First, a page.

Calling NW volunteers for Earth Day

by Ann Marie Doley
Posted 4/17/24

With a theme of ”Planet vs. Plastic,” the 54th annual Earth Day offers a bounty of opportunities to celebrate nature in Northwest Philadelphia.

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Calling NW volunteers for Earth Day


With a theme of ”Planet vs. Plastic,” the 54th annual Earth Day offers a bounty of opportunities to celebrate nature in Northwest Philadelphia.

Neighbors can celebrate the day by volunteering to help clean up nearby parks, stretch in an outdoor yoga class or swap seeds and seedlings in activities scheduled from just before the official Earth Day, which falls on Monday, April 22, through April 24. 

Here are a few chances to commune with Mother Nature.

FOW Service Day

Friends of the Wissahickon is hosting their  second “Super Mega Service Day” on Saturday, April 20. People of all ages and abilities can register  to volunteer from 9 a.m. to noon at one of five sites where they will participate in such tasks as “litter removal, cutting back invasive plants and  cleaning out storm water infrastructure,” said Shawn Green, director  of field stewardship for the Friends.

Activities will be at Bells Mill Road and Forbidden  Drive, Valley Green, Harvey Street, Blue Bell Park, and Ridge Avenue TrailHead. Considering  the immense size of the Wissahickon at nearly 2000 acres of forest, 64 miles of watershed and 50  miles of trails, Green emphasized the critical role volunteers play. The park is a unique “public space that belongs to everybody. It requires the community to come together to take care  of it.” He describes service days as fun opportunities to meet like minded people who meet as strangers and leave the event as friends. After the clean-up, volunteers will be treated to a thank-you picnic with free food, beverages, pizza and sandwiches at Wissahickon Brewing Company. 

To sign up, visit

Awbury Arboretum 

The 56-acre city mecca of meadows and hills, a pond, trees and shrubs will celebrate Earth Day with free family-friendly activities from 9 a.m. to 4 p.m., Saturday, April 20.

Starting off at the Cope House, at One Awbury Road, Bill Reaum will host a bird walk, from 9 to 10 a.m., followed by an outdoor yoga class led by Megan Do Nascimento from 10 to 11 a.m. Next, with a  slight location shift, from 10:45 – 11:45 a.m. is an environmentally-themed Scavenger Hunt at  Adventure Woods, the natural playground, at 6060 Ardleigh Street.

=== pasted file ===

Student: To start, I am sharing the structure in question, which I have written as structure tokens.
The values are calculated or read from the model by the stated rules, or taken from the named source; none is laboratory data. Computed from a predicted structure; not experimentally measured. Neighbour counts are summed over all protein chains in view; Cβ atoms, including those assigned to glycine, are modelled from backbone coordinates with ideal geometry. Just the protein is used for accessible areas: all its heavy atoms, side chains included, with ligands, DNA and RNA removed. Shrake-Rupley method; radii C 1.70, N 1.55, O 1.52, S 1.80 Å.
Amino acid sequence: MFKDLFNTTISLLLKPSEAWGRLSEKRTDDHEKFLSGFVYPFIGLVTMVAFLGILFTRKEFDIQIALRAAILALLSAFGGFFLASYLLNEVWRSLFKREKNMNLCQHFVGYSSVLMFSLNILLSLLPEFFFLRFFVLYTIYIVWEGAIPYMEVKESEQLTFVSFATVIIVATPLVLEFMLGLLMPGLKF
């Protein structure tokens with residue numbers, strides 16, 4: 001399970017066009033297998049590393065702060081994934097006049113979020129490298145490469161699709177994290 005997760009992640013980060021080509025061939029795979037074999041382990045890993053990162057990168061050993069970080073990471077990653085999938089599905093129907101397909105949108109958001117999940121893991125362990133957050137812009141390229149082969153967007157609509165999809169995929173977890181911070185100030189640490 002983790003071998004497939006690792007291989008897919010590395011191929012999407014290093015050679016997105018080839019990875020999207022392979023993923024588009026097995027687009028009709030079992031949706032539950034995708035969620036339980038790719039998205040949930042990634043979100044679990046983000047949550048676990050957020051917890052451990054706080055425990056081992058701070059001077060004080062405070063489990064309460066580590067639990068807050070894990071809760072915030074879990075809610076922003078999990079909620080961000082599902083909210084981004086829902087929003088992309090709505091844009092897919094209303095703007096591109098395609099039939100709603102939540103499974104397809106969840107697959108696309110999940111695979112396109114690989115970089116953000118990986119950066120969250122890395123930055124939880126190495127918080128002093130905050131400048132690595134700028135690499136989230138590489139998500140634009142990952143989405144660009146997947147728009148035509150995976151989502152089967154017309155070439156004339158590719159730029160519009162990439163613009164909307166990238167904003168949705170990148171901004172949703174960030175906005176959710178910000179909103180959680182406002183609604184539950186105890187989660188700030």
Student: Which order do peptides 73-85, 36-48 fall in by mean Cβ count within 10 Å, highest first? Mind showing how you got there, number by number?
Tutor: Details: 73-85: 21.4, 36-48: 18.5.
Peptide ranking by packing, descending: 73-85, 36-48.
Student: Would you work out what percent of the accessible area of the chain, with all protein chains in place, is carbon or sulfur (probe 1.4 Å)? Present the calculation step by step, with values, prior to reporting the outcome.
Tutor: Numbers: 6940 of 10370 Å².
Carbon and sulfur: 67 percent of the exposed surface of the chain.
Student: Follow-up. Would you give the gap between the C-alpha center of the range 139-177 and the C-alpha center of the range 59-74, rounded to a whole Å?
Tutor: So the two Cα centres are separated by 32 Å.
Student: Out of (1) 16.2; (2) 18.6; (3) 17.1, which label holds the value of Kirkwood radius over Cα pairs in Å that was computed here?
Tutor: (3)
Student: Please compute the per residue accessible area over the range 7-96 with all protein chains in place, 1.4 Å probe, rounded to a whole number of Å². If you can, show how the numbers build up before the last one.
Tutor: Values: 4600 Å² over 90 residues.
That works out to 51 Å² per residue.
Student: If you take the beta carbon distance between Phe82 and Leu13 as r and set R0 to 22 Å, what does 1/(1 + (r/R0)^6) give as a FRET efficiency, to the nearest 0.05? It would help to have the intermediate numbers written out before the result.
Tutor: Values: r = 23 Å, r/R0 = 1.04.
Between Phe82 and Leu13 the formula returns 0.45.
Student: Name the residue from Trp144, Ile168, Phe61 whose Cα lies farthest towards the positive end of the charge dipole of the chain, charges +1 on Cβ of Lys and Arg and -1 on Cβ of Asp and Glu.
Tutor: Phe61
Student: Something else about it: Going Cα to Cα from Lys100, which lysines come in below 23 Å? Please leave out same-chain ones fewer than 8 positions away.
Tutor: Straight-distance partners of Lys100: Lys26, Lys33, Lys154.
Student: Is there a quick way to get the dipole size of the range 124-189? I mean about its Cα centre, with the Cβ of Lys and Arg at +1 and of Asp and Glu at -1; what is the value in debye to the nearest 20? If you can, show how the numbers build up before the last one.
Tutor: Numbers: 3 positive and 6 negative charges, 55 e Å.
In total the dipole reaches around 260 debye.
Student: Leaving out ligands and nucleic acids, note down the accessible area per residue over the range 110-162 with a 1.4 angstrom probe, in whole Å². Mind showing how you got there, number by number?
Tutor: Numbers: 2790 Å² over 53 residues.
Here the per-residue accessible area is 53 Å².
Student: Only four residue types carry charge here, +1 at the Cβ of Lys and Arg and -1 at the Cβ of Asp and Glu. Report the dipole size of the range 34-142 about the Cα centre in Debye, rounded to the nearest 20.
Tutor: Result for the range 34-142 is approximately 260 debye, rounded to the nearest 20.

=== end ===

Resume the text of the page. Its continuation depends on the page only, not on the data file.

Other activities and programs are located at the Farm at Awbury which features garden beds, co-op  farming plots, animal enclosures, bee hives and an education center. Activities include: double-dutch jumping with Crystal  Jackson, 10 a.m. to noon; children’s games led by Prescribe Outside from 12:30 to 2 p.m.; drumming with S(tree)t work’s Drum Corp is 1:30 to 2:30 p.m.; a floral arrangement class with Isaiah Reece is scheduled from 3 to 4 p.m.. There will also be live music provided by Koof Ibi and Mel Harris. The event is free  If you can’t visit this Germantown gem on April 20, Awbury’s grounds are free to the public 365 days a year.  There are two pedestrian entrances: 6336 Ardleigh Street and 901 E. Washington Lane.

For more information, visit, or call 215-849-2855. 

Seed and Seedling Exchange 

Germantown Residents for Economic Alternatives Together (GREAT) is hosting their 4th Annual Seed and Seedling Swap, 11 a.m. to 4 p.m., Saturday, April 20, (rain date: April 27, noon to 4 p.m.) GREAT is a largely volunteer grassroots organization focused on self-reliance, mutual aid and community building. One focus is using their collective resources to grow food and care for the earth. This hands-on, free event will be at Wyck Historic House, Garden & Farm, 6026  Germantown Avenue. 

According to GREAT member and 33-year Germantown resident  Anthony Webb, “We call it a swap, but we give away more than we swap. Everyone who comes  goes home with something. This year we have packs of 20 starter seeds from corn to zucchini,” said Anthony Webb, a GREAT member and longtime Germantown resident.  Visitors can stroll the grounds and tour the first floor of the house. 

For information, visit

Germantown Kitchen Garden 

While technically not an Earth Day event, visiting a 15-year-old, half-acre, woman-owned-and-operated, organic farm in East Germantown is one way to celebrate the day. Located at 215 E. Penn Street, Germantown Kitchen Garden’s Plant Nursery is open on Saturday, April 20, 9 a.m. to 1 p.m. and  Sunday, April 21, 10 a.m. to 2 p.m.Visitors can purchase veggie and herb seedlings, fruiting trees and  bushes (berries and figs) and perennials for sun and shade including shrubs and trees.

“Of course you can come to shop,  but when the garden’s open I love for people to just come in, walk around, check things out or  just enjoy the peace and quiet,” said farmer Amanda Staples.  

Amanda’s weekly Farm Stand will open on Saturday, May 1, 9 a.m. to 1 p.m. through October. It is a well-stocked stand of fruits and vegetables with extras like honey, teas, pasture  raised eggs, fresh sourdough breads and Philly-grown flowers. 

For more information and updates, visit or call 610-505-4881.

Play and plant a tree

A nature playgroup open to all ages will be 9:30 to 11 a.m., April 18, at Mt. Airy EcoLab, adjacent to SEPTA’s Carpenter Regional Rail Station. And, residents can plant trees with Mt. Airy Tree Tenders, April 20, from 8:30 a.m. to 1 p.m. Meet at Carpenter Station. Sweet treats to start out will be provided and a social hour to end the day will be at Mt. Airy taproom at 4 p.m.

For information, visit West Mt. Airy Neighbors at

Ann Marie Doley is a Germantown resident who attended the first Philadelphia Earth Day in  Fairmount Park in 1970. Speakers included Senate Edmund Muskie, Ralph Nader and poet Allen  Ginsburg.